HK: PM Hong Kong Night Life 1974-1989 is the latest book release from Asia One Product & Publishing (AOPP). Described by Greg Girard, its author and photographer, as an “unintended record of ‘then’”, its colour-drenched images evoke what in hindsight seem like the dying years of old Hong Kong.
As the book’s subtitle implies, Girard’s photos were taken at night and early morning, largely (but not entirely) in and around the entertainment hotspots of Wanchai and Tsimshatsui. His motivation was simply to work as a photographer; to capture the feel and flavour of Hong Kong as it was in that particular moment.
That very lack of larger intention and artifice gives HK: PM a compelling ‘time machine’ quality. You, the reader, are there; another face in a world-weary nighttime crowd of sailors, policemen, loiterers, local toughs and would-be playboys. Where the lens pauses, so does the reader: outside neon-embroidered entrances to clubs and cabarets; in the streets, watching the passing of military police vans or the squabbling of feral dogs; on a Star Ferry crossing a misty Victoria Harbour; gazing upon the squalid simplicity of a tiny Yaumatei hotel room.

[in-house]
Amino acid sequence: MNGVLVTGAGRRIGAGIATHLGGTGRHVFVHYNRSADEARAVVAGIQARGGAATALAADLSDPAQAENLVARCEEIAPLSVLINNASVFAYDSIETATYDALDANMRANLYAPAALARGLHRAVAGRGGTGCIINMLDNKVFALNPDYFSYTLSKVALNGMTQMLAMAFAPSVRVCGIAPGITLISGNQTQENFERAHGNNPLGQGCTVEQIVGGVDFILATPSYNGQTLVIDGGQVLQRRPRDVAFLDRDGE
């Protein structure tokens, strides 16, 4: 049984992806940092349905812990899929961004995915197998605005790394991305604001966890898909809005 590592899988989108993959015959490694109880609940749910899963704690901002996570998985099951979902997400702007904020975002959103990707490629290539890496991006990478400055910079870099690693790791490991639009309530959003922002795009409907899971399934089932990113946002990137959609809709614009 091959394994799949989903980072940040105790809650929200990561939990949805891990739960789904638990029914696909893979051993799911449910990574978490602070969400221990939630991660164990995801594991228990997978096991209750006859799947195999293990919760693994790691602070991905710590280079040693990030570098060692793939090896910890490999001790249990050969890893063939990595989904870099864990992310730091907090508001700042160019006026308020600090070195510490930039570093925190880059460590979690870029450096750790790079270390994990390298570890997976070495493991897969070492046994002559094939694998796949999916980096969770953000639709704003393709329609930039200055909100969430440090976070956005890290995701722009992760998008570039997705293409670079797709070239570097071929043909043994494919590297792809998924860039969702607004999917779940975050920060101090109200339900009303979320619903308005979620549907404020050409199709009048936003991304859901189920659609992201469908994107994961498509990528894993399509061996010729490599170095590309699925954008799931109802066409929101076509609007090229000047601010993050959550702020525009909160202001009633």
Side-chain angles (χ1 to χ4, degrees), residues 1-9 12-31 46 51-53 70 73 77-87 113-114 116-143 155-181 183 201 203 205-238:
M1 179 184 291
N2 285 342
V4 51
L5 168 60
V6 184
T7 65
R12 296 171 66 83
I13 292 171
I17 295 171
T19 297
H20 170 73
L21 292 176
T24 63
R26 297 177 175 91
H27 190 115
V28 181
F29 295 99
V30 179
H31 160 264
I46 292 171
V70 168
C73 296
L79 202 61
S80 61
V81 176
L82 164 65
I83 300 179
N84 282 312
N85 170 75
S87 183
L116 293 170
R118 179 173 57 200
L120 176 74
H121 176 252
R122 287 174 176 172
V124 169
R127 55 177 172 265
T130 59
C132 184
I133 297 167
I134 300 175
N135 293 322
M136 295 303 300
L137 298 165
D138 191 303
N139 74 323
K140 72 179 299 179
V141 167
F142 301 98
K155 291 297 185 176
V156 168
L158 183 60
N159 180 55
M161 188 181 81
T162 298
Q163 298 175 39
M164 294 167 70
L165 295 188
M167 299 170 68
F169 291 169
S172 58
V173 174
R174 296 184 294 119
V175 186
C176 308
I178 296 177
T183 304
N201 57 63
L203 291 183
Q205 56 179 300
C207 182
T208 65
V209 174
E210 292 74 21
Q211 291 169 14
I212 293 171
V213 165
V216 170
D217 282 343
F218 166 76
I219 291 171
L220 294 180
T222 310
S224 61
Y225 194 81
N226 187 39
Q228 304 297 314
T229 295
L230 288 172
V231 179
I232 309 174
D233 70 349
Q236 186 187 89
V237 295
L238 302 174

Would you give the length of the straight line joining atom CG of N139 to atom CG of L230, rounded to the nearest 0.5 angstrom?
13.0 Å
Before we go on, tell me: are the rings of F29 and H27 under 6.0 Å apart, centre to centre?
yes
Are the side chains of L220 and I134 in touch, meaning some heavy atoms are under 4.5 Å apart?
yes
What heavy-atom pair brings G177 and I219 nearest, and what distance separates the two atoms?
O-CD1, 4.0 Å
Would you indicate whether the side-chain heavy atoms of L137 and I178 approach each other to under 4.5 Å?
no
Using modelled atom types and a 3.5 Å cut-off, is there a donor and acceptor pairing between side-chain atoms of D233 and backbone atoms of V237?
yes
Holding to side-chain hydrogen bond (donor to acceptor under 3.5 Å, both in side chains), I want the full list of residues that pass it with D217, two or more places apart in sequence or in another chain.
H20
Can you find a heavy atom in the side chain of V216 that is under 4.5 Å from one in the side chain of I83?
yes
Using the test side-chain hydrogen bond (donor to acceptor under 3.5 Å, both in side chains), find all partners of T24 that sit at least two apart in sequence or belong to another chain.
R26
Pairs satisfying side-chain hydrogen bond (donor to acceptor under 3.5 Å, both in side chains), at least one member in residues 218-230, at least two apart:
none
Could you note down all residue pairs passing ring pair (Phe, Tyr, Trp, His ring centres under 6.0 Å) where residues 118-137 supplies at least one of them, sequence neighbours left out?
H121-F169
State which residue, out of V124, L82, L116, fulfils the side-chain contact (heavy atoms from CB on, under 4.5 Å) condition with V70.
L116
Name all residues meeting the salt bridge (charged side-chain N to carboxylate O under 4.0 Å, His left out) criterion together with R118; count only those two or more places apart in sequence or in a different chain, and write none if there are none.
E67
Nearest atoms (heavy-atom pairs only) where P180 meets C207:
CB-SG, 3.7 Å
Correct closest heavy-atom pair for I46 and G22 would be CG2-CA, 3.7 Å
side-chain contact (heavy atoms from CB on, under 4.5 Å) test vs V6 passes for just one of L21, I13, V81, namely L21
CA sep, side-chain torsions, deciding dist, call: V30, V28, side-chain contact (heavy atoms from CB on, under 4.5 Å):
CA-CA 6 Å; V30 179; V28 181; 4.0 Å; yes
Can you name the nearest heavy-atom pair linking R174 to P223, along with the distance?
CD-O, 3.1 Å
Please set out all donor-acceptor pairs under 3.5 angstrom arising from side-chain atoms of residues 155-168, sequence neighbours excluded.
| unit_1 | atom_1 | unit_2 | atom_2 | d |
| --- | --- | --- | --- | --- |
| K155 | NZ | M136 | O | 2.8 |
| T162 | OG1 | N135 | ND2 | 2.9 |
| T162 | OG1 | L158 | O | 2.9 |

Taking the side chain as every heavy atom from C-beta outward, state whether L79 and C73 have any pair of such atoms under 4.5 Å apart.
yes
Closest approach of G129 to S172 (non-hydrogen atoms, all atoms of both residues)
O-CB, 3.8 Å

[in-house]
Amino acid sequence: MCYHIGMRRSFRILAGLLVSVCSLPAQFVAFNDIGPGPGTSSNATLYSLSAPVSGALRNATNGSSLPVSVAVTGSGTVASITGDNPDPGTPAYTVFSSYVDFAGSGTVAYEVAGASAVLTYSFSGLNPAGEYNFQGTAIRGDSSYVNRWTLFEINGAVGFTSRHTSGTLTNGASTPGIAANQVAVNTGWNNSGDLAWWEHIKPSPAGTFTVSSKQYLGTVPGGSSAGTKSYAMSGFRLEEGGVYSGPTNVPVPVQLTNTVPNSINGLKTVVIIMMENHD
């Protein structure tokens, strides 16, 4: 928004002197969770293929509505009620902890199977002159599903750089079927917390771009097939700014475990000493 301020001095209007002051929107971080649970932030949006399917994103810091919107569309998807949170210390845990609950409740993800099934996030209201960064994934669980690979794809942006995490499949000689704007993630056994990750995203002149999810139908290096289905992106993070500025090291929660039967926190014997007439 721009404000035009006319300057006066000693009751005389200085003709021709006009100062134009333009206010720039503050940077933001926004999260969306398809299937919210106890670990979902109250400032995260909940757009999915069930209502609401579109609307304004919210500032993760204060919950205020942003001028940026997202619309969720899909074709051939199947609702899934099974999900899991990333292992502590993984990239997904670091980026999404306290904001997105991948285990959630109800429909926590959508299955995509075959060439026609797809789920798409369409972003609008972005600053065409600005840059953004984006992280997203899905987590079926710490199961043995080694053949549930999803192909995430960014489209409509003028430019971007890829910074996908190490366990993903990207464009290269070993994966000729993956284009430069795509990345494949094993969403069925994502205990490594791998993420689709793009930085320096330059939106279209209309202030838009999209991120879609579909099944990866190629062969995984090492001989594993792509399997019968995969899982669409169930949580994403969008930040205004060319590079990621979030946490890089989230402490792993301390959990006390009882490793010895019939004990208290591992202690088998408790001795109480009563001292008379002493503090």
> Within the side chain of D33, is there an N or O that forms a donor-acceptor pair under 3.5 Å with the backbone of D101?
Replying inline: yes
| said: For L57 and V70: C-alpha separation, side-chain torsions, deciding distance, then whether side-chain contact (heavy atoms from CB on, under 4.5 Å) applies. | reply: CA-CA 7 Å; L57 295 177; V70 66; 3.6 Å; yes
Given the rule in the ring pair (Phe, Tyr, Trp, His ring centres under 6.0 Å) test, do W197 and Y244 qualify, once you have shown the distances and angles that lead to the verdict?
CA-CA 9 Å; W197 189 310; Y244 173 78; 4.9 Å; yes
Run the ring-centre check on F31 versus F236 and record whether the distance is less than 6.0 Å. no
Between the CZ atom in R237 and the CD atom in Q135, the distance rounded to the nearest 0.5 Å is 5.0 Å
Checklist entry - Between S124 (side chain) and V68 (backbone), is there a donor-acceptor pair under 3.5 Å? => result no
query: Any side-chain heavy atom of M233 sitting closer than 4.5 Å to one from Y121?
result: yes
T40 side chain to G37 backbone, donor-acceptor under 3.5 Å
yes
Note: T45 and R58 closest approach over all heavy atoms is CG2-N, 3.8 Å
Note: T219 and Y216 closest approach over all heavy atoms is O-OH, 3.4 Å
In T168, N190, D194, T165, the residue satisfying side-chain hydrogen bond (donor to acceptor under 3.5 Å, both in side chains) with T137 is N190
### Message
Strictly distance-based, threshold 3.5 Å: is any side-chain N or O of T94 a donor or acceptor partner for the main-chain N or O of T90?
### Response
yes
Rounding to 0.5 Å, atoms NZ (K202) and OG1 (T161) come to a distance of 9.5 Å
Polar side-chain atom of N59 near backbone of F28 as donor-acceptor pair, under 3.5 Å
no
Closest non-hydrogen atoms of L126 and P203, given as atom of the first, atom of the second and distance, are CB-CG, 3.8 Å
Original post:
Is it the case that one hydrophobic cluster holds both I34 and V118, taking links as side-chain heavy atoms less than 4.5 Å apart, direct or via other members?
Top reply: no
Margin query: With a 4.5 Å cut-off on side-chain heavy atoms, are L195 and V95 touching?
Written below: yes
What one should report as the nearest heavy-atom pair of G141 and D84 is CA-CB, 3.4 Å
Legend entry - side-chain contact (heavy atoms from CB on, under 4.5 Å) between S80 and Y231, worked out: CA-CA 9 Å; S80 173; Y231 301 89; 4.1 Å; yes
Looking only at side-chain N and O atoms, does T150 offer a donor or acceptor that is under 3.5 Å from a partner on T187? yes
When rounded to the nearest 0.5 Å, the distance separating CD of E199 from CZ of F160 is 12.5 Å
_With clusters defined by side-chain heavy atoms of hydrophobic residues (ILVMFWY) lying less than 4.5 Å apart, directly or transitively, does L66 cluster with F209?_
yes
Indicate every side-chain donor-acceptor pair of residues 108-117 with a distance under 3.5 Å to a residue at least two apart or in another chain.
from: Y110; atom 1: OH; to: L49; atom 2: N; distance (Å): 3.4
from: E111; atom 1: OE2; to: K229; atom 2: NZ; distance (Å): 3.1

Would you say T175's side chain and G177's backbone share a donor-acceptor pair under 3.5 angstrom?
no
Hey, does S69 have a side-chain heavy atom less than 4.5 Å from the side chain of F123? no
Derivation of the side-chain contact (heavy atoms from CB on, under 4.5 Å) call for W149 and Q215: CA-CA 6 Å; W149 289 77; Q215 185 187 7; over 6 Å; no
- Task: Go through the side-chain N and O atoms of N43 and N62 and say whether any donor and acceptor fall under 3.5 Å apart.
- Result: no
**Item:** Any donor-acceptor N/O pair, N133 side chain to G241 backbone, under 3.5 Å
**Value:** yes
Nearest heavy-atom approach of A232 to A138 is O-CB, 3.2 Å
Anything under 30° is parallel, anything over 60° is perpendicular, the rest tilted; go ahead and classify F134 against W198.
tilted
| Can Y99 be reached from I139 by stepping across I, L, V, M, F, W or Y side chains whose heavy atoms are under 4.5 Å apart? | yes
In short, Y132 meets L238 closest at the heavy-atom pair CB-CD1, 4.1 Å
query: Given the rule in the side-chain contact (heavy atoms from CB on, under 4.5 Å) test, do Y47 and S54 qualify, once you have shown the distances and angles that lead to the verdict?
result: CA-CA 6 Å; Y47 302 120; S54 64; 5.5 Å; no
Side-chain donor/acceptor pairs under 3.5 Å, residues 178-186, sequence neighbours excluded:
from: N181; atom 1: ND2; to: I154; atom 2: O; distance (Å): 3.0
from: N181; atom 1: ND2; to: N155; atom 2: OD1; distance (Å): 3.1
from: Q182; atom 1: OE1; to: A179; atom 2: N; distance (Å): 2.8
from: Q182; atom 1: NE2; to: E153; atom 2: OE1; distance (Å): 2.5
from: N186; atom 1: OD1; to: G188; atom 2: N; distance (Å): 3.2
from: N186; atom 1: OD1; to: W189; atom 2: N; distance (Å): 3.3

The world in HK: PM is seedy, dark, and saturated in latent violence and petty tragedies – and yet from the perspective of contemporary Hong Kong, it has its attractions. In HK: PM is at least one facet of Hong Kong as it was, and as it had been for almost 150 years: a barely-contained, utterly unique melting pot of the fallen and the rising, the ambitious and the mad, the desperate and the smug. It was a characterful place of unmanaged risks and pungent love-hate extremes. Hong Kong is most certainly no longer that place.